The New England Patriots just won their fifth National Football League Championship since 2002, but their success isn’t a surprise to those who study connection. Here’s what we wrote about the team in the 2007 book Fired Up or Burned Out:
“In recent years, the New England Patriots football team has won an astounding three National Football League Championships without a roster of big name stars. A high degree of connection among the team helps explain why the Patriots have been so successful. The beliefs and behaviors of Head Coach Bill Belichick and quarterback Tom Brady set the tone for the rest of the team and create trust, cooperation, and esprit de corps.
The inspiring identity that Bill Belichick holds out to the team is one of achieving perfection through team effort. Similar to the vision that John Wooden had for his UCLA Bruins basketball team, Belichick has his players thinking about how to improve themselves and their teammates in order to make the Patriots the best they can possibly become. He doesn’t rely on emotionalism or stirring up hate against the opposing team. Instead, he focuses on statistics such as fumbles, interceptions, sacks, pass completion percentages, and other forms of objective, unambiguous performance measurement. Continuous improvement to reach perfection is Belichick’s and his players’ relentless goal.
To increase connection among the players, Belichick doesn’t single out players for punishment. He makes the whole team do more work when a single player commits an error, which encourages players to help one another.
Belichick emphasizes one intangible factor: his players’ selflessness for the sake of the team. He shows no reluctance to bench egotistical players who act selfish. Belichick has also been willing to trade a talented player whose salary demands work against team connection.
Quarterback Tom Brady epitomizes the kind of team player that Belichick admires. Players around the league admire Brady for his humility and commitment to his teammates. An enthusiastic Dallas Cowboys receiver, Keyshawn Johnson, gushed that “the guy just turned 28 . . . three Super Bowls at that age . . . Un-freakin’-believable. And with his attitude, he’s not done. I bet he’s got three more in him.”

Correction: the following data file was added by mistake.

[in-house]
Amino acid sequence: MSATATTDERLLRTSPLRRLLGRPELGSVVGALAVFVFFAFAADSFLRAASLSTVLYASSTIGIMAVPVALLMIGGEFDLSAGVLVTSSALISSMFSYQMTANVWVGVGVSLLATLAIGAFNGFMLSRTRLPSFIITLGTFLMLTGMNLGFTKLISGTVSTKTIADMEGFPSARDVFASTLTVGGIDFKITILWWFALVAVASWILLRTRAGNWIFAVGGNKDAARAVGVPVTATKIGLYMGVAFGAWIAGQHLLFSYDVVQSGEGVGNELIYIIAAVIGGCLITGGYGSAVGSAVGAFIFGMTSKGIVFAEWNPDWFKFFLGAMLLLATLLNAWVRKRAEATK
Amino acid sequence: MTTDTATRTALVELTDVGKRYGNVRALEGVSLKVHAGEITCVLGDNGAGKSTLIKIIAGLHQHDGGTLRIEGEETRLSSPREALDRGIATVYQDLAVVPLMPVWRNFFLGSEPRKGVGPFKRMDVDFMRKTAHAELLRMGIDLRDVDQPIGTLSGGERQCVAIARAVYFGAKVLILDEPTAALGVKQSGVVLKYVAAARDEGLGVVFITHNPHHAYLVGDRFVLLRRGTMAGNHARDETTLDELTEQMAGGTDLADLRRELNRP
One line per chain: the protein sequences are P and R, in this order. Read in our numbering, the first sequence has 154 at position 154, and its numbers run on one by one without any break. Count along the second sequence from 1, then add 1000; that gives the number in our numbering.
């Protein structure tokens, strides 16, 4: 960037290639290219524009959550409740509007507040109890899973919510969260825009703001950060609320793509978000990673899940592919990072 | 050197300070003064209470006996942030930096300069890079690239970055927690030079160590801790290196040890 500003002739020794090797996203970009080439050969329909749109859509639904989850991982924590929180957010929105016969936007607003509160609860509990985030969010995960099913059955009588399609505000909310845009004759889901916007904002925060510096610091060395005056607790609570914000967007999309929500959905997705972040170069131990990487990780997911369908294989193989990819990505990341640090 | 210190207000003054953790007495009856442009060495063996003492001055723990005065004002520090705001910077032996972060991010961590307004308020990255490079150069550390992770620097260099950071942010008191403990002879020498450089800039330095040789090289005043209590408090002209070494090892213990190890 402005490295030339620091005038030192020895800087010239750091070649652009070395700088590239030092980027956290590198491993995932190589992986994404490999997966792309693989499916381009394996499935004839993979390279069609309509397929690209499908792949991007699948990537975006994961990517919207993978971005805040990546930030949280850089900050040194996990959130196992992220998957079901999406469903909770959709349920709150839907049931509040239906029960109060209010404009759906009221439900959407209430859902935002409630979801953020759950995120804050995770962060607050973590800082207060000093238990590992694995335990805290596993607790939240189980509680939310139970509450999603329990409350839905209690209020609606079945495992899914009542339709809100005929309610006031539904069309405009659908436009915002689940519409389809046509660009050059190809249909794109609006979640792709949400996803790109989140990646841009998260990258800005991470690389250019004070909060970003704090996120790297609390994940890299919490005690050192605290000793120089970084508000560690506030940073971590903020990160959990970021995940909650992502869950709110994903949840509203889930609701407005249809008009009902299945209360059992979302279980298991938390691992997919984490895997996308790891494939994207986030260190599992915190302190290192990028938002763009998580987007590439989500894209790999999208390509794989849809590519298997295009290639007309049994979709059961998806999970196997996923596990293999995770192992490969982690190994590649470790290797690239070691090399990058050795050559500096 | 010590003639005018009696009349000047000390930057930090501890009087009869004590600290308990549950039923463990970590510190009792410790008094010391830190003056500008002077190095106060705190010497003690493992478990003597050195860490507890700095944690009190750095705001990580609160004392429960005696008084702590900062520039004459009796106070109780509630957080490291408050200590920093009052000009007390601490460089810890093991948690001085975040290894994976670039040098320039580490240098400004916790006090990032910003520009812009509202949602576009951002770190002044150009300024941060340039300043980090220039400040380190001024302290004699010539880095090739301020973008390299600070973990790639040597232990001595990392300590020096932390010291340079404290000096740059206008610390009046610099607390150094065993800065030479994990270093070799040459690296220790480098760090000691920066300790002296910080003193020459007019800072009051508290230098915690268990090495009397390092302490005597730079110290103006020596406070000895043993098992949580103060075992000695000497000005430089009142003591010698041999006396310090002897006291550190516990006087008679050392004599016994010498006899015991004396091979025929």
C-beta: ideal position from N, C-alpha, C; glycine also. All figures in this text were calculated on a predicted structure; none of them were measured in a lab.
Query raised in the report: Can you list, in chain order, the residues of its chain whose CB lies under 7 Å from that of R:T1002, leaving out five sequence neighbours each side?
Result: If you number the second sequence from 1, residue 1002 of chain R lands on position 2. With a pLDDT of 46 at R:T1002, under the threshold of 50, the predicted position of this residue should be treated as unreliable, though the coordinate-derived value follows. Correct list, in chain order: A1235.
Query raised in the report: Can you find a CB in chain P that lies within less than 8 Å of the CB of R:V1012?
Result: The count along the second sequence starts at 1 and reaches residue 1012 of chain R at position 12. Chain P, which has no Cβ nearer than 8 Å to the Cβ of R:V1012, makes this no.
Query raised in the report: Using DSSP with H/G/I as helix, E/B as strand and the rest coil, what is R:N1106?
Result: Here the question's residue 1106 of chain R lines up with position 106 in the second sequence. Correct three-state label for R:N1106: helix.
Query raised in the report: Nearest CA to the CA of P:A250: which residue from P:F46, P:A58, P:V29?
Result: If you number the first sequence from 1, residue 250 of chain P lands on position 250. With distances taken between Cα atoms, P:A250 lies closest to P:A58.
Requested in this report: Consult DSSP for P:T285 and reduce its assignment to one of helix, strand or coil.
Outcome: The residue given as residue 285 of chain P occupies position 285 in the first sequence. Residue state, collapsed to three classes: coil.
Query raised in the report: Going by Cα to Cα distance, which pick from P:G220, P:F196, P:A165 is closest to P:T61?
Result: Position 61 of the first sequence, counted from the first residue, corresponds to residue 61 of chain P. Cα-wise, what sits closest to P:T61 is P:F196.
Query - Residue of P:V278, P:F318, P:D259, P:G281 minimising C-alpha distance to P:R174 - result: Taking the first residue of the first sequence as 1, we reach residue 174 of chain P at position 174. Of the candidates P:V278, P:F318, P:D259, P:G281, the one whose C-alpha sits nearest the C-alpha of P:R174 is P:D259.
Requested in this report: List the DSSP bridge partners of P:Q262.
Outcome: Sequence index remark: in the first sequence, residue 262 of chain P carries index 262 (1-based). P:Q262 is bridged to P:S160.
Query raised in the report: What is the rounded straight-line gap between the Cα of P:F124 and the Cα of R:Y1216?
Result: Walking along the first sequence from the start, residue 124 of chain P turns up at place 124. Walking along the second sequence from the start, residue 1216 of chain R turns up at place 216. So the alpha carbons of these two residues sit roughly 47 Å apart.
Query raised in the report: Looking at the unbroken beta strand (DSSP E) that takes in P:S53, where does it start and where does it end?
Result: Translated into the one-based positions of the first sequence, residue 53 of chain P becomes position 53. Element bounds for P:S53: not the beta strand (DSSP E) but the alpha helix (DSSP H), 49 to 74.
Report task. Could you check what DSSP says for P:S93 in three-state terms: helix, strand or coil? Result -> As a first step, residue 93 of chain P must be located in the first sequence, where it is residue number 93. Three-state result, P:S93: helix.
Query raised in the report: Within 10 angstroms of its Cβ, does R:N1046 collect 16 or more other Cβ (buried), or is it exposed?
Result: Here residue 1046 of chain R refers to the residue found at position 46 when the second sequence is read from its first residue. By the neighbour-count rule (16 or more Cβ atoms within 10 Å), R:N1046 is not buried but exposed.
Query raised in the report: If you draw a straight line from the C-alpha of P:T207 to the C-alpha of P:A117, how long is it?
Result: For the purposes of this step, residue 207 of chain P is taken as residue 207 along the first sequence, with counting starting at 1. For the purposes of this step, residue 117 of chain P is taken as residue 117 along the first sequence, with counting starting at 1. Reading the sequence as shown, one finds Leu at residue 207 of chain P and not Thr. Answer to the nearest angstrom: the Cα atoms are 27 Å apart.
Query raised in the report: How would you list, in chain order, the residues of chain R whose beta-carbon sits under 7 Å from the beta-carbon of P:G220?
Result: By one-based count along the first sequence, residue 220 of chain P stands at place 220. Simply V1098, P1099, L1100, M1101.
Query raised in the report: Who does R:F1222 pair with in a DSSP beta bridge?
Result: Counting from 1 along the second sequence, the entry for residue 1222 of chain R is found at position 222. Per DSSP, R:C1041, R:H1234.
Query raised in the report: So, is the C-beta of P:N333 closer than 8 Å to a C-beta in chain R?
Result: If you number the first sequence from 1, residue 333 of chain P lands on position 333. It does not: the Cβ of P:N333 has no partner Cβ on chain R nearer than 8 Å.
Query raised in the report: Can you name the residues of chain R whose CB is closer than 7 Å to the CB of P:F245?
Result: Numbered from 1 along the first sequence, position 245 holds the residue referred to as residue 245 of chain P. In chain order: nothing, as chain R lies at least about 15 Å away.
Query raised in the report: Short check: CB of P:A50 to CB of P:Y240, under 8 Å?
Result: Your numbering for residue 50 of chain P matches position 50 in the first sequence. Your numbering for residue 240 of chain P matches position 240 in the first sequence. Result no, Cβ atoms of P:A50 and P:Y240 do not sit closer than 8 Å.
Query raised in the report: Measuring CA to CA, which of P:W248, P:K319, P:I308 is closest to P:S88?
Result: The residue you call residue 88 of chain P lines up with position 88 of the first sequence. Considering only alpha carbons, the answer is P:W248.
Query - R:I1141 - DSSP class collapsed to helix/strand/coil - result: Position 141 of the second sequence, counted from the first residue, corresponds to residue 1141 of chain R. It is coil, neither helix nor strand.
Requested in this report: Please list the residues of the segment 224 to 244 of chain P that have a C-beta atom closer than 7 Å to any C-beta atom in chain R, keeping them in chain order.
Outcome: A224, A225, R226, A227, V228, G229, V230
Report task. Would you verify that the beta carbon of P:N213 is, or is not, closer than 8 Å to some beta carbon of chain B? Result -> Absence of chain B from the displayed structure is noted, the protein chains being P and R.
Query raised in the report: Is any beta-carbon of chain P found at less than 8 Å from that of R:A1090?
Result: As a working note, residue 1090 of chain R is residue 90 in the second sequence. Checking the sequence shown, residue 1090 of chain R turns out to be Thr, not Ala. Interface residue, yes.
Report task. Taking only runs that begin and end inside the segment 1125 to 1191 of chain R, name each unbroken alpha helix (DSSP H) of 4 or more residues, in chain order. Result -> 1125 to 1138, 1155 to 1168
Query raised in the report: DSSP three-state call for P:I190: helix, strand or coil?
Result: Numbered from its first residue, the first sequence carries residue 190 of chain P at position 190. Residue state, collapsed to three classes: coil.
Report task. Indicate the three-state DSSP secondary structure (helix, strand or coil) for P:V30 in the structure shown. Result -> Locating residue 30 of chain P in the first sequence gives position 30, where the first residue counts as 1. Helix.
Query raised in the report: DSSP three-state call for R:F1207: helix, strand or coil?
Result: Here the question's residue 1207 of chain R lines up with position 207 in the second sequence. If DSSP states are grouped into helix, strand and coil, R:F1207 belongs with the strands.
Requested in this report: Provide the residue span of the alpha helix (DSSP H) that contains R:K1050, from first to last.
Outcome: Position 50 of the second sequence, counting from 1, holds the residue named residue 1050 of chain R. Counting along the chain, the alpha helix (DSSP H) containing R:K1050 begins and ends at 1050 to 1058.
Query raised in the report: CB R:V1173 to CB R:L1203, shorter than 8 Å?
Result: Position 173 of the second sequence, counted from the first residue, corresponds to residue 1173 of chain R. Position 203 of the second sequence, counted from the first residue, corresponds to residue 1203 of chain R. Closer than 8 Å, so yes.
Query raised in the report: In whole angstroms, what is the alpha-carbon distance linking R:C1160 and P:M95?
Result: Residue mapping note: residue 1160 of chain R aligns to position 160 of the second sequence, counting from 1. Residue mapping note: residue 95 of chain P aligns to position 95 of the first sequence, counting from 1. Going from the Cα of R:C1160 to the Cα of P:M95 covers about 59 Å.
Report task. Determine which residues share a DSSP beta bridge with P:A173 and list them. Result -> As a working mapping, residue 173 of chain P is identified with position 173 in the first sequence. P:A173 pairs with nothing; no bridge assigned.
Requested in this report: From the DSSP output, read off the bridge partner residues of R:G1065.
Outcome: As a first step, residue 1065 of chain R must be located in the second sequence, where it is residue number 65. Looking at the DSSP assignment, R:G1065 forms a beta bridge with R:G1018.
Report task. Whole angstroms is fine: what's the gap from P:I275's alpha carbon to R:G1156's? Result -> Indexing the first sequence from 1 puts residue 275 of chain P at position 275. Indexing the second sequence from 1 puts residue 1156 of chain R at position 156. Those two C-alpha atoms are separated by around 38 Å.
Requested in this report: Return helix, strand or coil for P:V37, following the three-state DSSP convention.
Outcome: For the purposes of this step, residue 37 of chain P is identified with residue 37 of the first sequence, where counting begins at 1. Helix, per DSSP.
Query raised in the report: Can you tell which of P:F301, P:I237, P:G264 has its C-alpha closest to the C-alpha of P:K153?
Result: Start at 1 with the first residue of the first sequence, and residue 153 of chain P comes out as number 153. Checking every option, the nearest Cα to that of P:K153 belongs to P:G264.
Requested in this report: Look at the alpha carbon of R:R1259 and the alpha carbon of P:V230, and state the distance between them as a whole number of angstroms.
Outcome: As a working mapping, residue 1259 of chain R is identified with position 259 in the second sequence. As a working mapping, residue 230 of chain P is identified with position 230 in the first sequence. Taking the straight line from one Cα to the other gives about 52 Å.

Many of Brady’s attributes increase human value in the Patriots culture. In early 2005, Brady stunned sportswriters by accepting a six-year, $60 million contract that was $38 million below the contract of Indianapolis Colts star quarterback Peyton Manning. Brady explained that he wanted the team to have the money available for other players. Sports Illustratedsenior writer Peter King wrote that in covering football for sixteen years he had never seen anything like that, and ‘if you think that plays well in the locker room, you’re right.’ Sports Illustrated named Brady its 2005 Sportsman of the Year and noted that Brady’s ‘greatest achievement grows out of a generosity of spirit.’ When MasterCard wanted Brady to pitch its product in a major television advertisement, Brady insisted that his offensive linemen join him in the ad or he would have to pass.
Belichick increases human value on the team by giving his assistant coaches considerable autonomy in making decisions, and he increases knowledge flow by communicating with players in the weekly team captains’ meeting. This marks a considerable change from Belichick’s time as head coach for the Cleveland Browns when he was criticized for micromanaging and failing to communicate.
With the high level of connection on the New England Patriots team, it will likely be a force in pro football for many years to come.”
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